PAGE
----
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Talking All Things Digital at the Canadian Internet Marketing Conference

Squamish isn’t exactly the digital hub of Canada, but last week hundreds of digital marketers gathered in the small town for the Canadian Internet Marketing Conference, an annual event that bring together agencies, brands, and small business owners to talk all things digital.

The conference, held in the West Coast Railway Heritage Park venue with a backdrop of the Rockies, spanned two days and contained the typical mix of panels and keynote speakers, in addition to unique location-appropriate activities including a mountain biking tour, a campfire-themed party, and a wilderness hike.

The content focused on answering the big questions any digital marketer faces: how do I build an engaged audience online? How do I create content that resonates with that audience? And how do I measure the effectiveness of what I’m doing? The lineup of speakers represented a mix of big brands – Walmart, WestJet, Yahoo, McDonald’s, Telus – and growing Canadian companies like Herschel Supply Co. and Indochino, in addition to speakers from agencies including Brix Media, Mediative, Jelly Marketing, and Edelman.

The event’s first keynote was from Oli Gardner, the founder of Vancouver-based landing page optimization company Unbounce. Gardner’s talk focused on how data and design can be used to create the perfect landing page, and he went through the necessary steps involved in creating a compelling landing page that converts. He talked about the common mistakes people make, namely using language that’s too general – for example saying you’re the world’s best marketing software platform doesn’t say anything about what you actually do; instead you need to highlight your unique selling proposition.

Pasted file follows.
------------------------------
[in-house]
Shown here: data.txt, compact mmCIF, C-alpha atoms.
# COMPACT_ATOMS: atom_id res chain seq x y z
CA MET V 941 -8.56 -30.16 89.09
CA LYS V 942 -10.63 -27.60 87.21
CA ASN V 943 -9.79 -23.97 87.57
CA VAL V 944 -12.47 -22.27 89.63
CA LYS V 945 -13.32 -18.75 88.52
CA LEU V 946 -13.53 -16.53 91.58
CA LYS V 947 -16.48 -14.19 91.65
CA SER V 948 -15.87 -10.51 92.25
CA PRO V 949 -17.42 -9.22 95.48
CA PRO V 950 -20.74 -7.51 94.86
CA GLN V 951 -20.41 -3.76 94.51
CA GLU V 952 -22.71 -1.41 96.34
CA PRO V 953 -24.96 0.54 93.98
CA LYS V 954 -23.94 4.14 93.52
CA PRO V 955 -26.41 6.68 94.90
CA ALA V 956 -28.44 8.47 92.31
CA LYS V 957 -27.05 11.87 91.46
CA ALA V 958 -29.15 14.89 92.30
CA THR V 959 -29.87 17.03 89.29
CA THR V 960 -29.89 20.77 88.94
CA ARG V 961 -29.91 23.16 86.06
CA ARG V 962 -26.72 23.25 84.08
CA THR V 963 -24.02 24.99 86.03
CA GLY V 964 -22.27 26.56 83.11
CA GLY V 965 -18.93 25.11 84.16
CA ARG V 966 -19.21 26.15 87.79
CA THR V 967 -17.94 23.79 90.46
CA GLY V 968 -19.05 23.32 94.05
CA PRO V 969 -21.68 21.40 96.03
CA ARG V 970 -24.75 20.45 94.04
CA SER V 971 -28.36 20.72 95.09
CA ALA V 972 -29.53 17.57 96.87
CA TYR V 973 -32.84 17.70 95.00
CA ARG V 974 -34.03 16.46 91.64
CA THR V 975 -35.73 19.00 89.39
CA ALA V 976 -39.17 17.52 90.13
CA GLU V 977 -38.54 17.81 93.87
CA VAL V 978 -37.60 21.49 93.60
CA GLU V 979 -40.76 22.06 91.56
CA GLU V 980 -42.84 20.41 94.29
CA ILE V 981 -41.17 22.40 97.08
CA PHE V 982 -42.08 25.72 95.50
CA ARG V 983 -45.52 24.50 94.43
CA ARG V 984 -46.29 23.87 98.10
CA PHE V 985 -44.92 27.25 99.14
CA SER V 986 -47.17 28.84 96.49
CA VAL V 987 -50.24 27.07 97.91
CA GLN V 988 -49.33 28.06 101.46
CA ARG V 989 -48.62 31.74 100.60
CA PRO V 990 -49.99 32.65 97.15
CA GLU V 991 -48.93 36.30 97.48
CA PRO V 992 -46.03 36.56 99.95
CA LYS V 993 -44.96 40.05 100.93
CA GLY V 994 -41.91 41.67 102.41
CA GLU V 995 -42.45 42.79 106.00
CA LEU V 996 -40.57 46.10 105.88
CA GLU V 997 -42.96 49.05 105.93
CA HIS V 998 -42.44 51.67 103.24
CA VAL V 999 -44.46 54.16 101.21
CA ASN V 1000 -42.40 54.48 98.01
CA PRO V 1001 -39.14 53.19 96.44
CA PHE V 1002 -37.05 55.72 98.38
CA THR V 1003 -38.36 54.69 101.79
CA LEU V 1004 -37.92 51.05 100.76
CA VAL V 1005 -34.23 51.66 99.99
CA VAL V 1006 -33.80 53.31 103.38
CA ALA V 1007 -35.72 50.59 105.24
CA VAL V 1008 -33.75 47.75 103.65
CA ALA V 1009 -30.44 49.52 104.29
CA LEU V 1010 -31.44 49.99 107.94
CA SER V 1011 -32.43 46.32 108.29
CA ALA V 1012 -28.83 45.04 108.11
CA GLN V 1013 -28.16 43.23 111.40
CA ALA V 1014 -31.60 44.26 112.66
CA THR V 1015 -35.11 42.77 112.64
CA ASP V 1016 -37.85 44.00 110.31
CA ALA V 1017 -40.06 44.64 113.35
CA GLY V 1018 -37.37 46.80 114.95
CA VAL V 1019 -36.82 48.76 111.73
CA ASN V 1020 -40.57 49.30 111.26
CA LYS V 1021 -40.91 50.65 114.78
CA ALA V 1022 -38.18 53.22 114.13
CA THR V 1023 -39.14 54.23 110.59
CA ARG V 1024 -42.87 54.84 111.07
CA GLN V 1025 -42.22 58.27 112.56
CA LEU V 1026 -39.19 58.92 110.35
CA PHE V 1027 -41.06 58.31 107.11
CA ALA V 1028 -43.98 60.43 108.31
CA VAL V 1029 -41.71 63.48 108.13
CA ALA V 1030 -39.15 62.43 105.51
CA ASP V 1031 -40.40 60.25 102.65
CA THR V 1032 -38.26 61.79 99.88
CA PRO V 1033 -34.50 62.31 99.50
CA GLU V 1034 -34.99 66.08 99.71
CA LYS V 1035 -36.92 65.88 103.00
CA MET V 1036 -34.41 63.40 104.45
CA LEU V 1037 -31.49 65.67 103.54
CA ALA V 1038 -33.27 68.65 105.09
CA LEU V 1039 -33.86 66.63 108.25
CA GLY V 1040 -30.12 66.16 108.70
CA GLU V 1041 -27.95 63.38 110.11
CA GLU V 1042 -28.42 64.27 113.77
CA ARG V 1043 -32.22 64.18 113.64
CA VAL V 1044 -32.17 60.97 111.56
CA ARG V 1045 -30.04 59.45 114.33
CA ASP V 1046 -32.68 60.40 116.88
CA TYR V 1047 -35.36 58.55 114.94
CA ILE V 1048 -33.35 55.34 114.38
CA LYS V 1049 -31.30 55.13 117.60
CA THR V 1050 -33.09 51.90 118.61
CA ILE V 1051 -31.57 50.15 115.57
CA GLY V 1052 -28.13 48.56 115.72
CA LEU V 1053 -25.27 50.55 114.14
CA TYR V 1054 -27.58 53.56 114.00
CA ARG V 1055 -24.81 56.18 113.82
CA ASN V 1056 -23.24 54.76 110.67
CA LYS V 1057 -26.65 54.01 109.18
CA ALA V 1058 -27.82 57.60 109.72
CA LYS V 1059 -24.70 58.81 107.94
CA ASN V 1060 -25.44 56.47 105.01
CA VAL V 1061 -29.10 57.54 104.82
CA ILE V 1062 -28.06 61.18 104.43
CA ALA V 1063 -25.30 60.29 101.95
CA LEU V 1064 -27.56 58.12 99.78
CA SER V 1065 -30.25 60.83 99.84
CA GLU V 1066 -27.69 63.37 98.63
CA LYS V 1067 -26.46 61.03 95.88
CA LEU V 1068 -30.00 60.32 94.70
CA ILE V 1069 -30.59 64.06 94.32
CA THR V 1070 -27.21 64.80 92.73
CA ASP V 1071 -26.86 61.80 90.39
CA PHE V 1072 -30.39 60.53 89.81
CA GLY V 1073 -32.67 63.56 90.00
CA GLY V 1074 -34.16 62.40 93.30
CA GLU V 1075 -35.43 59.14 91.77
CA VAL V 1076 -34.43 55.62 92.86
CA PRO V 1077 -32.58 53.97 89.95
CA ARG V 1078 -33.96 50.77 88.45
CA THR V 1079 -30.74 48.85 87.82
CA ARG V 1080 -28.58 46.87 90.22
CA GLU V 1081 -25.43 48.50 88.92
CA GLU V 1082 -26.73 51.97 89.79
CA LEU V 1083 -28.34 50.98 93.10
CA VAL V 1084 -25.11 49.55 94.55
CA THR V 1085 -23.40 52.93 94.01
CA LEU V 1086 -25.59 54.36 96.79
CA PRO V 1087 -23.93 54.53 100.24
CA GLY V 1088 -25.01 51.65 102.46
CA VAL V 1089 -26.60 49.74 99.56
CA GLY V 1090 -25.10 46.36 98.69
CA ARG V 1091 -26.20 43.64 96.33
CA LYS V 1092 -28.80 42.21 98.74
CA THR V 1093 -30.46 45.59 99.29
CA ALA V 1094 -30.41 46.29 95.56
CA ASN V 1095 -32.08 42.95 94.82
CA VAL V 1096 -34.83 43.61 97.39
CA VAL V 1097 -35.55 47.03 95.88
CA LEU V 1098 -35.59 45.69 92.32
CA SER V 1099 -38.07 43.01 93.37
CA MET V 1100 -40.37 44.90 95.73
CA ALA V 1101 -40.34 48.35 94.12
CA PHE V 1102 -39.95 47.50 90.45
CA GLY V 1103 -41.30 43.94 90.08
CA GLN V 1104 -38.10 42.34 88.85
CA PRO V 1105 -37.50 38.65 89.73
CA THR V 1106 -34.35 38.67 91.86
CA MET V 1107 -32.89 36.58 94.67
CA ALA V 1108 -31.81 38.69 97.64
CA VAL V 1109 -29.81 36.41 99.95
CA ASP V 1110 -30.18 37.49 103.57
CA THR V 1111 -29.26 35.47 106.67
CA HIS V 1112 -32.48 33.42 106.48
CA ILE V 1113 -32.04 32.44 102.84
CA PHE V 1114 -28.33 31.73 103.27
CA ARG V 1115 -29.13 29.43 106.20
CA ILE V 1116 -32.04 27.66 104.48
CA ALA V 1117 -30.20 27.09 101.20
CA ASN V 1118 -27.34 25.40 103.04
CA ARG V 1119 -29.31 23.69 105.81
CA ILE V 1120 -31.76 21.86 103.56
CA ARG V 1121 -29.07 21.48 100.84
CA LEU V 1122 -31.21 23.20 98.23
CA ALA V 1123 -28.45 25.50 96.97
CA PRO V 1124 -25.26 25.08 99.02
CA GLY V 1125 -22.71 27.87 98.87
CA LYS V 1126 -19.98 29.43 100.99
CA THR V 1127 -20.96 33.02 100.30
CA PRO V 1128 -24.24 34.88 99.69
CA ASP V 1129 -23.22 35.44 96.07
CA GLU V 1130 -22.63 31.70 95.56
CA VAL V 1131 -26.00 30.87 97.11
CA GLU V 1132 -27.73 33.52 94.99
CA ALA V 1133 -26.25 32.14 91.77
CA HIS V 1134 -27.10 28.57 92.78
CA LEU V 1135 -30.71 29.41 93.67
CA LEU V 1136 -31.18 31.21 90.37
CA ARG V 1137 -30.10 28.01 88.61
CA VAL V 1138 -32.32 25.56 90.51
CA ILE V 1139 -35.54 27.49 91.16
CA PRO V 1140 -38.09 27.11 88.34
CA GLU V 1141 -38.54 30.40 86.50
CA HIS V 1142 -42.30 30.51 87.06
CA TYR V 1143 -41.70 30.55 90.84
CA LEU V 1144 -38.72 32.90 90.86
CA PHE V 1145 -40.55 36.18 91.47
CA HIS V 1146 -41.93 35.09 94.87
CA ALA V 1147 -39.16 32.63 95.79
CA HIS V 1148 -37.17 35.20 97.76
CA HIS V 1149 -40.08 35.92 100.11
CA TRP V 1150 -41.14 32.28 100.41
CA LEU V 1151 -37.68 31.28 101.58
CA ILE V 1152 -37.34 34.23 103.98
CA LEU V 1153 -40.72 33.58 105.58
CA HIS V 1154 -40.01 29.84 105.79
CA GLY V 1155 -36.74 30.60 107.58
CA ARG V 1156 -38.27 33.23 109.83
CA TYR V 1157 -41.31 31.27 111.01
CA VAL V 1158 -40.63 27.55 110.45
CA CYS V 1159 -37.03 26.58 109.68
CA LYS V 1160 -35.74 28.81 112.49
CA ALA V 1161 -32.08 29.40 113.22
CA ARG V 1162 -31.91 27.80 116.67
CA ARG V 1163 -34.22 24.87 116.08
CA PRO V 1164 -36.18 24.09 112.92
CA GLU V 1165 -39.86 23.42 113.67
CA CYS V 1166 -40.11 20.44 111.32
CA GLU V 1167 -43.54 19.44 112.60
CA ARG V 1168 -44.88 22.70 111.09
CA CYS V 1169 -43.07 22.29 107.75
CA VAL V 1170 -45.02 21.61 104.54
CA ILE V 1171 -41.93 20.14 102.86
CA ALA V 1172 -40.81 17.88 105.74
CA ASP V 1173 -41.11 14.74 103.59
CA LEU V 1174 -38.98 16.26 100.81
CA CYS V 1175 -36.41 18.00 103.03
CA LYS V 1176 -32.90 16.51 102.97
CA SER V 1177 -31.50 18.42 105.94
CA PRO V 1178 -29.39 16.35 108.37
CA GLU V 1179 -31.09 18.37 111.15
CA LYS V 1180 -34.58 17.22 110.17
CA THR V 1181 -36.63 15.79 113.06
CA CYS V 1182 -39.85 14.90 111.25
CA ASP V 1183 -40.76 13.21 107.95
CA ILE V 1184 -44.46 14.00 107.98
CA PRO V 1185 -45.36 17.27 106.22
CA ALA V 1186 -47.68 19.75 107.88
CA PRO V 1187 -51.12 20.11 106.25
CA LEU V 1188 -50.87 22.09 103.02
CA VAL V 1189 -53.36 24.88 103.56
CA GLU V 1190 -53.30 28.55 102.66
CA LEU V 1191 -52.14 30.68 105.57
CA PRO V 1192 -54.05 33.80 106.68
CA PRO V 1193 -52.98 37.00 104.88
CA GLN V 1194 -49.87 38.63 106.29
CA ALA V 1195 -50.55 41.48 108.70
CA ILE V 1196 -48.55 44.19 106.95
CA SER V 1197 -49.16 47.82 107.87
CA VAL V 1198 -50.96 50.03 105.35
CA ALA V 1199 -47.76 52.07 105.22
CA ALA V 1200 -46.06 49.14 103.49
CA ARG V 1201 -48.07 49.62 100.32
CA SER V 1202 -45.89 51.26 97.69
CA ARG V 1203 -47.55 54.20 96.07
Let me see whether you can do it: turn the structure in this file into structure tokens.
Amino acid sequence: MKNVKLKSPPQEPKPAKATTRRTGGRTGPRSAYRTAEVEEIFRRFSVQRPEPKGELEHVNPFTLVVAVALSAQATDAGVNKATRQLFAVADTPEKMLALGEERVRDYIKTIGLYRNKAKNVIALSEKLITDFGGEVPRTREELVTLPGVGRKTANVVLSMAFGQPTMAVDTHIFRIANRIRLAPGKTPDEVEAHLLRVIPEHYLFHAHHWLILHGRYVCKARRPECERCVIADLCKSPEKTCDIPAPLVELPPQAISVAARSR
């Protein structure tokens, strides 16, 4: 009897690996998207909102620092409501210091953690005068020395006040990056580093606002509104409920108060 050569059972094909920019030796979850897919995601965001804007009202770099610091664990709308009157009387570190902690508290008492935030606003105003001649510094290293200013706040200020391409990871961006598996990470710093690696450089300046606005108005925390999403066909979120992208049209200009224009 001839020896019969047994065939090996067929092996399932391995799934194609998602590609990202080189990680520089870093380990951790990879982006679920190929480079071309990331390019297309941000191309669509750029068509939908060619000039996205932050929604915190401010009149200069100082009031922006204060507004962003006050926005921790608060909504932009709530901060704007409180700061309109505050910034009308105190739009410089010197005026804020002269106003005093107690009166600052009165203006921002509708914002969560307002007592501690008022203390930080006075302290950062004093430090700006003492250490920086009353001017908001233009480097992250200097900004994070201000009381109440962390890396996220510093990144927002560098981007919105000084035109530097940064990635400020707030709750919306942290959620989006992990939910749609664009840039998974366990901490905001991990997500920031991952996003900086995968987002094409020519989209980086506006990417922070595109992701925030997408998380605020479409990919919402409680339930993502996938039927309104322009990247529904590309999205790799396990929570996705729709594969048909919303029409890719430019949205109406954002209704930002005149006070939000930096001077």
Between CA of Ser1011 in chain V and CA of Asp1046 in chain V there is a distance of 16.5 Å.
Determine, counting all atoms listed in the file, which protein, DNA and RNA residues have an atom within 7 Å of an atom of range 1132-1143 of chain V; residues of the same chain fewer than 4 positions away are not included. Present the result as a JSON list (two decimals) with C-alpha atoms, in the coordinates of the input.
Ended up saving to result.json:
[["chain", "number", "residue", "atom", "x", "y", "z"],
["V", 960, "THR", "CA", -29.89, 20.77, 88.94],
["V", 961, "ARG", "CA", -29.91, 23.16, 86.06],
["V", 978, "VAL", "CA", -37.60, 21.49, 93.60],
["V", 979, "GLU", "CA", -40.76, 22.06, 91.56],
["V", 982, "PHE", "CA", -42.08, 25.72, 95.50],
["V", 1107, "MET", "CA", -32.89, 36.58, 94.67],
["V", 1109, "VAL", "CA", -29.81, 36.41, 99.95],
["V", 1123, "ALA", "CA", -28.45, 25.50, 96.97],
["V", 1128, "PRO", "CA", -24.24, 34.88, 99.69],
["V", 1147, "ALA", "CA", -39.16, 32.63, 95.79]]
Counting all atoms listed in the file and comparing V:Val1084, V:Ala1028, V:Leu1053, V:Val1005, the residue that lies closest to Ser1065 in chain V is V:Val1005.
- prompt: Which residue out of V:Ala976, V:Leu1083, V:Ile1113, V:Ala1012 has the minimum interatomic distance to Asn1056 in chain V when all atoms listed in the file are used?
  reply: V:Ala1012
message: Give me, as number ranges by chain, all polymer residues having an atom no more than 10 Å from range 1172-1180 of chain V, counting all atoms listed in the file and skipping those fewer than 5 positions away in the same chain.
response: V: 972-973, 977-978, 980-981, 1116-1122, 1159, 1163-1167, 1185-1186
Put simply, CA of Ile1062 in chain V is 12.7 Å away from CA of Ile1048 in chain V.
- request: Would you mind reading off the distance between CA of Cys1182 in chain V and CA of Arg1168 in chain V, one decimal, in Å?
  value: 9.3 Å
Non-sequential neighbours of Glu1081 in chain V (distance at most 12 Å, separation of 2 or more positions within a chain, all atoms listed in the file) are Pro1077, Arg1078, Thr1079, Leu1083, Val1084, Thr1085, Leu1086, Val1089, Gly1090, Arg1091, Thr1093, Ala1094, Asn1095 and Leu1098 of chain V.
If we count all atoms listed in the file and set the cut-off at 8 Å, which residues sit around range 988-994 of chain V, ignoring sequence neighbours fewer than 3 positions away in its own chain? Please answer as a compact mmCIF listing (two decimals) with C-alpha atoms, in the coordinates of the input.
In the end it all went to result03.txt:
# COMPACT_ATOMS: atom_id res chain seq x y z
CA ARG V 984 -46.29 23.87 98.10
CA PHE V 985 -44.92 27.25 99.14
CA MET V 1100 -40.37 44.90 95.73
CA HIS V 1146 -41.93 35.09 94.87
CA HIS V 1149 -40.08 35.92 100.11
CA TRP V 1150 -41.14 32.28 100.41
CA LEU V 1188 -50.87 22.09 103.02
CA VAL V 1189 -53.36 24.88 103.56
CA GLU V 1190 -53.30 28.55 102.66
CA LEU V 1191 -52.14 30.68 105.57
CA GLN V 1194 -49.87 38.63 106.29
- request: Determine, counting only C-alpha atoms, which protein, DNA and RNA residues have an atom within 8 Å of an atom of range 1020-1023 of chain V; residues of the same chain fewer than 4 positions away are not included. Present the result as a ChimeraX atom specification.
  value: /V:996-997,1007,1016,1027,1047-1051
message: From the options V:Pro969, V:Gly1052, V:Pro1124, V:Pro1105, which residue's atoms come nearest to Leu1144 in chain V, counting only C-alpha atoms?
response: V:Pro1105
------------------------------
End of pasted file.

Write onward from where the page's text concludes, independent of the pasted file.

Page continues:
He also pulled examples from Unbounce’s database of landing pages, highlighting the number of links to use to get the most conversions (one), the word that reduces conversions (free), and the words that increase conversions (“click” and “now”).

Some sessions at CIMC focused on a brand’s owned content – how to create compelling content, how to get it in front of an audience, and how to promote it through channels like social media and native advertising. Shannon Kelley of Yahoo Canada’s research and insights team gave a presentation about content marketing based on the company’s studies, outlining the fact that 74% of Canadians know what branded content is, and 70% of them will frequently or occasionally read it.

Other sessions focused on how to get third-party endorsements for your brand. The Future of Influencer Marketing panel brought together brand and agency reps, with panelists like Jennifer Powell of marketing agency Hart & Galla, and the influencers themselves, in this case YouTube star Corey Vidal, who has over 225,000 subscribers on his channel, and has over 100 million views on his videos to date.

The panel focused on where brands go wrong when tapping influencers to promote their products or services: namely they treat it as an after-thought, only thinking about bringing influencers into the mix when a campaign is already ready to launch; or working with them in a one-off way instead of forming lasting relationships.

“Sure I can tweet a thing, and maybe you’re just tapping into a single tweet, but usually we’re talking about campaigns and ongoing relationships,” Vidal said about the brands who approach him, adding that brands should be look it as a content creation vehicle, not a way to get someone with lots of followers to push their message. “Certainly influencing is what in the end I might be doing to that audience…but that is content creation.”

Powell said that it’s not just big brands like Tim Hortons and Telus – both brands Vidal works with – who can tap into influencers. If you’re a startup or small business, she recommends finding regular people who are devoted customers and can become an ambassador for your brand.

CIMC itself was a departure from the typical tech or marketing industry conferences – the green room for speakers was held in a train car, with a masseuse and makeup artist on hand – and the content was ideal for beginners, anyone new to the space, or people looking to brush up on their skills and learn what Canadian brands are doing (and not doing) as part of their digital marketing plans.

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